If you do not have documented governance today, start with a controlled model as your foundation. Continue working through this phase if you have a documented governance framework you wish to optimize using our best practices or move to Phase 3 if you are looking to automate or embed your governance activities.

The image contians a screenshot and a link of the Controlled Governance Models Template. The image contains a screenshot and a link of the Adaptive Governance Models Template.
InputOutput
  • Governance models templates
  • Selected governance model
MaterialsParticipants
  • Whiteboard/flip charts
  • IT senior leadership

2.1.2 Confirm and adjust the structure of your model

30-45 minutes

  1. Validate your selected governance body structural model.
    • Are there any governing bodies you must maintain that should replace the ones listed? In part or in full?
    • Are there any missing bodies? Look at alternative committees for examples.
    • Document the adjustments.
  2. Are there any governing bodies that are not required?
    • Based on your size and needs, can they be done within one committee?
    • Is the capability or data not in place to perform the work?
    • Document the required changes.
InputOutput
  • Selected base governance model
  • Governance context/scope
  • Updated governance bodies and relationships
MaterialsParticipants
  • Whiteboard/flip charts
  • IT senior leadership

There are five key areas of governance responsibility

  • STRATEGIC ALIGNMENT
  • Ensures that technology investments and portfolios are aligned with the organization’s needs.

  • VALUE DELIVERY
  • Reviews the outcomes of technology investments and portfolios to ensure benefits realization.

  • RISK MANAGEMENT
  • Defines and owns the risk thresholds and register to ensure that decisions made are in line with the posture of the organization.

  • PERFORMANCE MEASUREMENT
  • Monitors and directs the performance or technology investments to determine corrective actions and understand successes.

  • RESOURCE MANAGEMENT
  • Ensures that people, financial knowledge, and technology resources are appropriately allocated across the organization.

2.1.3 Define the governance responsibilities

Ensure you have the right responsibilities in the right place

45-60 minutes

  1. Based on your context and model, review the responsibilities identified for each committee and confirm that they align with the mandate and the stated outcome.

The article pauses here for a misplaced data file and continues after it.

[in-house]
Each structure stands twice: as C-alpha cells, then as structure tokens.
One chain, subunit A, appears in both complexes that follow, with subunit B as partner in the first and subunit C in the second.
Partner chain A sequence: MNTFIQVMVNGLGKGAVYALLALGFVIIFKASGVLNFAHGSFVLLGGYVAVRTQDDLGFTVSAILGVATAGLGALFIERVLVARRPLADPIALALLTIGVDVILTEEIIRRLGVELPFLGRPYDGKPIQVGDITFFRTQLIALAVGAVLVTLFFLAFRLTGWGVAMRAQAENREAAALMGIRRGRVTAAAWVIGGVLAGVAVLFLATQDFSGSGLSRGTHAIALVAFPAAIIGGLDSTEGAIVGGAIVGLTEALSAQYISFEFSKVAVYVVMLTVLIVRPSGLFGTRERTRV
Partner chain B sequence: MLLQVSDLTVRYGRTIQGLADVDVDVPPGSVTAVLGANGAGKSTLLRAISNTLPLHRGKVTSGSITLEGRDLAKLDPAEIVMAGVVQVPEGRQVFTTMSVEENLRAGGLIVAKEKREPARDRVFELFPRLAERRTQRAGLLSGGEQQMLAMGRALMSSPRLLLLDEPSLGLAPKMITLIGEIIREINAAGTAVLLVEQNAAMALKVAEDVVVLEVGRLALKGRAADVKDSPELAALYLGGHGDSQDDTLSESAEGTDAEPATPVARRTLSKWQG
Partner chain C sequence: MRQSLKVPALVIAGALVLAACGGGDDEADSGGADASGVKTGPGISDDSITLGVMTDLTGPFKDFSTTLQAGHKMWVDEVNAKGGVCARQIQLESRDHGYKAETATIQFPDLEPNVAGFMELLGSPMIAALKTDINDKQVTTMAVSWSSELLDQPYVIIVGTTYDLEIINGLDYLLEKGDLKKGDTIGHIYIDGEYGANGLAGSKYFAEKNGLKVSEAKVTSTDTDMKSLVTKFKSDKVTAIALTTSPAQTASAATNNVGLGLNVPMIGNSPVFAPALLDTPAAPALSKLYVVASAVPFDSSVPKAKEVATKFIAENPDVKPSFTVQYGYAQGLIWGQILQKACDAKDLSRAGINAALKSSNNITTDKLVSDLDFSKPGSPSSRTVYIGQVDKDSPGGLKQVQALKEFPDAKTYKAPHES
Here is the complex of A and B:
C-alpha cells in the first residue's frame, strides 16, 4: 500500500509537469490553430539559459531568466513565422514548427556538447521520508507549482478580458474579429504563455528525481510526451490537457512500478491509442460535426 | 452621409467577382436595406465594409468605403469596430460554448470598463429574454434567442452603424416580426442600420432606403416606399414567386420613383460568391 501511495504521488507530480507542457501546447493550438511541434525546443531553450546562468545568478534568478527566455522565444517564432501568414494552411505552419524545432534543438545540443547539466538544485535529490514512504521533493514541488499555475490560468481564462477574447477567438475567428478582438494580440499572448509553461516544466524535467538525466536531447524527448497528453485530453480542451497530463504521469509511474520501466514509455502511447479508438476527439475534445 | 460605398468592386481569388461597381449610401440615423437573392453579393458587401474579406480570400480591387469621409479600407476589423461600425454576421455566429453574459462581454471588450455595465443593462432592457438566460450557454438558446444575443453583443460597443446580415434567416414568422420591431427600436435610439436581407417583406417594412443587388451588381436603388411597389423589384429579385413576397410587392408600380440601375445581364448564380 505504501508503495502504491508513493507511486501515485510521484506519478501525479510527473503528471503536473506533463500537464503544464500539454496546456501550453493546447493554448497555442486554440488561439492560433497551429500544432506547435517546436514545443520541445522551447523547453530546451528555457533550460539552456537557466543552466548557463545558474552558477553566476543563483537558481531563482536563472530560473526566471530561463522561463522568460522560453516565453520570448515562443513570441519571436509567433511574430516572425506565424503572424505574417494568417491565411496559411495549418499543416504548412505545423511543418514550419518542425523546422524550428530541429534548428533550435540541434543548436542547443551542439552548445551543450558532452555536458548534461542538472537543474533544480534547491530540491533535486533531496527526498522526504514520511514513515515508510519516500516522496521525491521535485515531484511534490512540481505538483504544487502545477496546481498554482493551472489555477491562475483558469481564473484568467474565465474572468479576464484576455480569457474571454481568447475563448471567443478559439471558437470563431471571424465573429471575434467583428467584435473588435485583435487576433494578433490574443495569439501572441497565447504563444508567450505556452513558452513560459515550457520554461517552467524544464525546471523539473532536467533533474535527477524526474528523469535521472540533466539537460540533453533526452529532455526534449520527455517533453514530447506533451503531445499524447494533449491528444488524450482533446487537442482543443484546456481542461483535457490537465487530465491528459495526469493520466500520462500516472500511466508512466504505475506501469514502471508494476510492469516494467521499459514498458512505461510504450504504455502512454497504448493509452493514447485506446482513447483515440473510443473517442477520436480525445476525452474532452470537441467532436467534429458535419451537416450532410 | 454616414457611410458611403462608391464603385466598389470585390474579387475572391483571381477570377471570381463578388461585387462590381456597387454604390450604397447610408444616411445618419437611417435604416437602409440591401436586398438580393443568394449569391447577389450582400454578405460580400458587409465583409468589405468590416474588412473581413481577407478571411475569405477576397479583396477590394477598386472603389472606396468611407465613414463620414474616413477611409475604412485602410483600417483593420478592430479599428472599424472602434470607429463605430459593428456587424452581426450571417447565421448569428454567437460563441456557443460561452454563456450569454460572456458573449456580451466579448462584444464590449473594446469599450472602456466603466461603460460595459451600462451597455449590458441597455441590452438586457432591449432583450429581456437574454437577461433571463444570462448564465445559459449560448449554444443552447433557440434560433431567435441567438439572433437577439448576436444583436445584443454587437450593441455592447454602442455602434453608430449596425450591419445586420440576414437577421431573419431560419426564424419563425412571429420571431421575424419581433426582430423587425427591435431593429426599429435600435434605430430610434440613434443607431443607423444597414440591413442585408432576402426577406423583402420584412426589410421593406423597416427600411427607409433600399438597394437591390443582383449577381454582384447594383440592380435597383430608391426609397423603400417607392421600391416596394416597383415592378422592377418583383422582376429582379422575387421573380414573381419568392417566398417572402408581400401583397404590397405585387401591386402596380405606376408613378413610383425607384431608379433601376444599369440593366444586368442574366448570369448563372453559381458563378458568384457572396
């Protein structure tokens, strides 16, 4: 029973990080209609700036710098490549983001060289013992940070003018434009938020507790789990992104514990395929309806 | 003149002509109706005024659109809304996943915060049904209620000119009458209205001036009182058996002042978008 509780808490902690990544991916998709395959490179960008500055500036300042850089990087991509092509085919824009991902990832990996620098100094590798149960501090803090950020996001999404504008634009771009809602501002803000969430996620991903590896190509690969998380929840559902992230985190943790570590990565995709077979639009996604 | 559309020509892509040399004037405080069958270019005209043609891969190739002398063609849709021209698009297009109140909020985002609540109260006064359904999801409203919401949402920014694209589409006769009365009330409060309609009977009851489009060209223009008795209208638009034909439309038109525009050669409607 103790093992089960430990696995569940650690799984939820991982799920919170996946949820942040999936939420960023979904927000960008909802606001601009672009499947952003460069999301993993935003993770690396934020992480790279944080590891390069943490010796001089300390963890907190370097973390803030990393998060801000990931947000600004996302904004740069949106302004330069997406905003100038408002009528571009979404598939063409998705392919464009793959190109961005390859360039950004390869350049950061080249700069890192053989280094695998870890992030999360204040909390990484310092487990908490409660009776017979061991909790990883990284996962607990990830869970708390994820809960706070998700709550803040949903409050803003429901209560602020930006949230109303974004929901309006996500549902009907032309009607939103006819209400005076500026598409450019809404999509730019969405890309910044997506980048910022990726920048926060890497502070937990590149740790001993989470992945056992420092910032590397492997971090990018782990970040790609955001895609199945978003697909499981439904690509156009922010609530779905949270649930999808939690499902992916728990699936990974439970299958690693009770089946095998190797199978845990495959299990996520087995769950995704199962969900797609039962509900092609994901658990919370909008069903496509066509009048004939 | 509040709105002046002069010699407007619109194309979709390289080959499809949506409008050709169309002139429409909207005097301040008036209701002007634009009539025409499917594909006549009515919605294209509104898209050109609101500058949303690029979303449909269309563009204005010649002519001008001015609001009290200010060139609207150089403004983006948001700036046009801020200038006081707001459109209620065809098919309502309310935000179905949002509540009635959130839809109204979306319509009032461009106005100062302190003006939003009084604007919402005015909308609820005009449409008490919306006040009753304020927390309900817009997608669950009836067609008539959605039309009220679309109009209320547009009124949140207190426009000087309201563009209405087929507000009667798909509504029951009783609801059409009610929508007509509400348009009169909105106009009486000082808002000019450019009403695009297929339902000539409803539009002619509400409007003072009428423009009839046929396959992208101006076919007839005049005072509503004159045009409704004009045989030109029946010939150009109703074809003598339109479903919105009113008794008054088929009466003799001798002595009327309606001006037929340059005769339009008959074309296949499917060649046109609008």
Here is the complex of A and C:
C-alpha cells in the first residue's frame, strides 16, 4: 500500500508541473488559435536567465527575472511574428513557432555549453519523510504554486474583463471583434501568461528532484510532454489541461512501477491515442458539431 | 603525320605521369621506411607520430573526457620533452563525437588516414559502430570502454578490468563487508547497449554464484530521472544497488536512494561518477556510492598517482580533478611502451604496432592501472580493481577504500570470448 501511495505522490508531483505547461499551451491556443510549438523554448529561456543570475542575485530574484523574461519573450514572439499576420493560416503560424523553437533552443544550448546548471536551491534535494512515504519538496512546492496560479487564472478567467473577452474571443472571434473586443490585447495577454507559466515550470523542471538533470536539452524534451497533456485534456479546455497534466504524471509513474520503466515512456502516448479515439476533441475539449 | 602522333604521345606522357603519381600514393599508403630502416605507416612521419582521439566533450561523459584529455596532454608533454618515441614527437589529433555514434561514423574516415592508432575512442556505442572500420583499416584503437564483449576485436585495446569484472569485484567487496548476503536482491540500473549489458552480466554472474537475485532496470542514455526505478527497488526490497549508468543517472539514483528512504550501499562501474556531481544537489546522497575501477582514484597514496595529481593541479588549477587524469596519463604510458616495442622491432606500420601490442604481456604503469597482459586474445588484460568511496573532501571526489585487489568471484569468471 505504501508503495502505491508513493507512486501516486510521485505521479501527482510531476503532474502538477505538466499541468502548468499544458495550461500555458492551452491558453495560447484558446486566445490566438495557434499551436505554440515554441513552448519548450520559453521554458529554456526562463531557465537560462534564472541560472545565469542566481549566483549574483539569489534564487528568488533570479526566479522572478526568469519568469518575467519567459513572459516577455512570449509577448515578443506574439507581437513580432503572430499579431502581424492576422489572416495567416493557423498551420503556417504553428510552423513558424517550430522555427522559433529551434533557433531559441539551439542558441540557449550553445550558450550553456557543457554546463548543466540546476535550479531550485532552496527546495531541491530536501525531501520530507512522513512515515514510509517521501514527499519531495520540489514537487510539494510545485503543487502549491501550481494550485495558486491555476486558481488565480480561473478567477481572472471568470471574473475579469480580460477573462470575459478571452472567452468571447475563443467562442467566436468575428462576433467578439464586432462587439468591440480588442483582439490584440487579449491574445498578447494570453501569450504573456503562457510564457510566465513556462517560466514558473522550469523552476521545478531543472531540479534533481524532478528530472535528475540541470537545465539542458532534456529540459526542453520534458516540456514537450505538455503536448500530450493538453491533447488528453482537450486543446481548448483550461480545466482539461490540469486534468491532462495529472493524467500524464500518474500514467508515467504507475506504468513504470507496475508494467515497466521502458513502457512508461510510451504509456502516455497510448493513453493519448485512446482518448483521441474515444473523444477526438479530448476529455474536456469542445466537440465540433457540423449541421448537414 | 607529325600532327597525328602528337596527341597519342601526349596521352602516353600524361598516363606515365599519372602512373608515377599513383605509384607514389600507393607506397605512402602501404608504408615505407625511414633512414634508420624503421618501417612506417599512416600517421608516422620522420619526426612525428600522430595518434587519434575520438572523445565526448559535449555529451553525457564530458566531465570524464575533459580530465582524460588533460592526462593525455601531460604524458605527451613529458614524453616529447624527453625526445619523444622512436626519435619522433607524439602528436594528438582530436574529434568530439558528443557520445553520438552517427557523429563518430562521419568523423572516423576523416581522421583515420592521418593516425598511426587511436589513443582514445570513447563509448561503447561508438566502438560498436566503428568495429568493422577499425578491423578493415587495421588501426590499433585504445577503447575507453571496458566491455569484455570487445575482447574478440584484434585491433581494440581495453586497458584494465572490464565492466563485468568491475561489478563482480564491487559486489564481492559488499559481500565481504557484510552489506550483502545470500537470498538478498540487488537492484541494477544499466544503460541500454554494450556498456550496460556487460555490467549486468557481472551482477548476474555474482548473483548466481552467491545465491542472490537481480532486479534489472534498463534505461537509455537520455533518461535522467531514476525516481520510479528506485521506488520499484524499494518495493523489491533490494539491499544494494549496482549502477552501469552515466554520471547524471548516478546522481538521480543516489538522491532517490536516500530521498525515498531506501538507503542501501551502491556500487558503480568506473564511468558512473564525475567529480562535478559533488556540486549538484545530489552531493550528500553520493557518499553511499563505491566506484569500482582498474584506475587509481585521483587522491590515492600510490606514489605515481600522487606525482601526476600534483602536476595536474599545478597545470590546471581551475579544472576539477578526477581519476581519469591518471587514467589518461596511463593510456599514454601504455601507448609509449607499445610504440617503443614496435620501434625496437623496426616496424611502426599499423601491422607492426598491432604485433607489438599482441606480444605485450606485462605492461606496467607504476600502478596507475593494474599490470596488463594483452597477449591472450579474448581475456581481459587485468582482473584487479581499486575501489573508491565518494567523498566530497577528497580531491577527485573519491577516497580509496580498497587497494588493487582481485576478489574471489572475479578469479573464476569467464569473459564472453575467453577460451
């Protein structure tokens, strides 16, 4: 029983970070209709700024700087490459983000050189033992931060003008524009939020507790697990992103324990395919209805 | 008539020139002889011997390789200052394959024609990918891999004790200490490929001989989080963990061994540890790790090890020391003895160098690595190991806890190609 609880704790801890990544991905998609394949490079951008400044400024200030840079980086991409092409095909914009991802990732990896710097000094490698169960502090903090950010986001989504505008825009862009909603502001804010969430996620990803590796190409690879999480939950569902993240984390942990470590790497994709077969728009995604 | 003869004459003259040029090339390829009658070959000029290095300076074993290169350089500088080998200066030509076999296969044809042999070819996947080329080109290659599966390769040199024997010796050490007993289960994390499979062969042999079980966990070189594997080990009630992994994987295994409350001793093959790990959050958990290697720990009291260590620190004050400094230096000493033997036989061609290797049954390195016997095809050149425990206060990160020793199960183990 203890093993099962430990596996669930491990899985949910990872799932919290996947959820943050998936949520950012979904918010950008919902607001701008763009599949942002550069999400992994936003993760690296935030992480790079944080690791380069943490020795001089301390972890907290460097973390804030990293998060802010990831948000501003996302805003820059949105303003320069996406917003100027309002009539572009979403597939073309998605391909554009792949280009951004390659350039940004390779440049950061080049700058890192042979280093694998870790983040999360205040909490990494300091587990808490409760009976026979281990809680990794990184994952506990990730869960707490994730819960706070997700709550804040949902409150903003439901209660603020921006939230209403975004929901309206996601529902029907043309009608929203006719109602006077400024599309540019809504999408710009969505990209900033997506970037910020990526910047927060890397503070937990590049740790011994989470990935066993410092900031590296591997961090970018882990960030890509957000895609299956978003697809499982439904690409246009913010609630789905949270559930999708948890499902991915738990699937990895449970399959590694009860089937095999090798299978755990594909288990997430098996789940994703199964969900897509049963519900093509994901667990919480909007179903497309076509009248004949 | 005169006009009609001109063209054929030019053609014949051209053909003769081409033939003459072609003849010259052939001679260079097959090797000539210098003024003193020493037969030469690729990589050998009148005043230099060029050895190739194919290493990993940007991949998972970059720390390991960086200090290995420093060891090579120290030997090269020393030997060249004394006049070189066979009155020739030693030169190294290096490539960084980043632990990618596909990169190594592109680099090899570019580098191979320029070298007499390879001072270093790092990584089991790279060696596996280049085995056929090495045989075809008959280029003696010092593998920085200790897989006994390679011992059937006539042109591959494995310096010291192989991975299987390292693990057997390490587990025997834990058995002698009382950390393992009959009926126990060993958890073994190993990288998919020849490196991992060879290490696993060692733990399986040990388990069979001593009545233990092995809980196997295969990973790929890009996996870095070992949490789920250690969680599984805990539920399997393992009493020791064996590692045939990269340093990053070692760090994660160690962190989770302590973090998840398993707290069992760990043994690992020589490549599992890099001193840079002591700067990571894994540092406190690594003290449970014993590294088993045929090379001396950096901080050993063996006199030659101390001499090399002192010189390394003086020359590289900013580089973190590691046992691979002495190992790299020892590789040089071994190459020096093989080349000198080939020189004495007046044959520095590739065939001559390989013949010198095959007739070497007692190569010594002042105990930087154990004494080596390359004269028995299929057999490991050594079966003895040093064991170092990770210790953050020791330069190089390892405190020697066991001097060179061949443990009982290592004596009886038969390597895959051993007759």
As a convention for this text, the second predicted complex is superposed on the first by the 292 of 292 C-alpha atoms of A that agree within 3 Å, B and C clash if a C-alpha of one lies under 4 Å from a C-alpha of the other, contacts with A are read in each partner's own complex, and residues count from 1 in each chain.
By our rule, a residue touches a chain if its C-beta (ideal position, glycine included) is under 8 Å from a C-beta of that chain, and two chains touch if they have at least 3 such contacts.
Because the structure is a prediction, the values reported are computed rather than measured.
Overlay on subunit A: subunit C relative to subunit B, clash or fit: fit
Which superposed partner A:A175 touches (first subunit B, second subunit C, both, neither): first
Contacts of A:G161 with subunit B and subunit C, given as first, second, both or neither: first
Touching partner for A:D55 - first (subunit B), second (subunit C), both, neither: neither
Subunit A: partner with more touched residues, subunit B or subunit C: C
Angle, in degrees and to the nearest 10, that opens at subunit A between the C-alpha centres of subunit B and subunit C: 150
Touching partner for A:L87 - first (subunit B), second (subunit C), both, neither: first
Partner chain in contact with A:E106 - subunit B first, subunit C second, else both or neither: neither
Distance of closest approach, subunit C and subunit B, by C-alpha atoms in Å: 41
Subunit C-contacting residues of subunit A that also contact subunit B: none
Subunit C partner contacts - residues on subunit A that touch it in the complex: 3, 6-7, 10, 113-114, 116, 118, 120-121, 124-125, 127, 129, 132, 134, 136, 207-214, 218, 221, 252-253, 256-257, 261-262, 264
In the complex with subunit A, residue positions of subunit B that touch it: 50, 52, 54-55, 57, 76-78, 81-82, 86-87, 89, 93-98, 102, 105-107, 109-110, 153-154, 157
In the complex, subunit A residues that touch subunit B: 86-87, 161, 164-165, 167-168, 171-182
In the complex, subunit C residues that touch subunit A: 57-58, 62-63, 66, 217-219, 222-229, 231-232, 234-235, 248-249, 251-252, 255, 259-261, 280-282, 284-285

2. Identify and highlight any responsibilities and activities that would not be involved in informing and enabling the mandate of the committee.
  3. Adjust the wording of confirmed responsibilities and activities to reflect your organizational language.
  4. Review each highlighted “bad fit” activity and move it to a committee whose mandate it would support or remove it if it’s not performed in your organization.
  5. If an additional committee is required, define the mandate and scope, then include any additional responsibilities that might have been a bad fit elsewhere
InputOutput
  • Selected governance base model
  • Governance context
  • Updated responsibilities and activities
  • Updated activities for selected governance bodies
  • New or removed governing bodies
MaterialsParticipants
  • Whiteboard/flip charts
  • IT senior leadership

2.1.4 Validate the governance mandates and membership

30 minutes

  1. Review the mandate and membership slides in your selected governance model.
  2. Adjust the mandate to ensure that it aligns to and conveys:
    1. The outcome that the committee is meant to generate for the organization.
    2. Its scope/span of control.
  3. Discuss the type of information members would require for the committee to be successful in achieving its mandate.
  4. Document the member knowledge requirement in the mandate slide of the model template.
InputOutput
  • Selected governance base model
  • Updated structure and responsibilities
  • Adjusted mandates and refined committee membership
MaterialsParticipants
  • Whiteboard/flip charts
  • IT senior leadership

Determine the right membership for your governance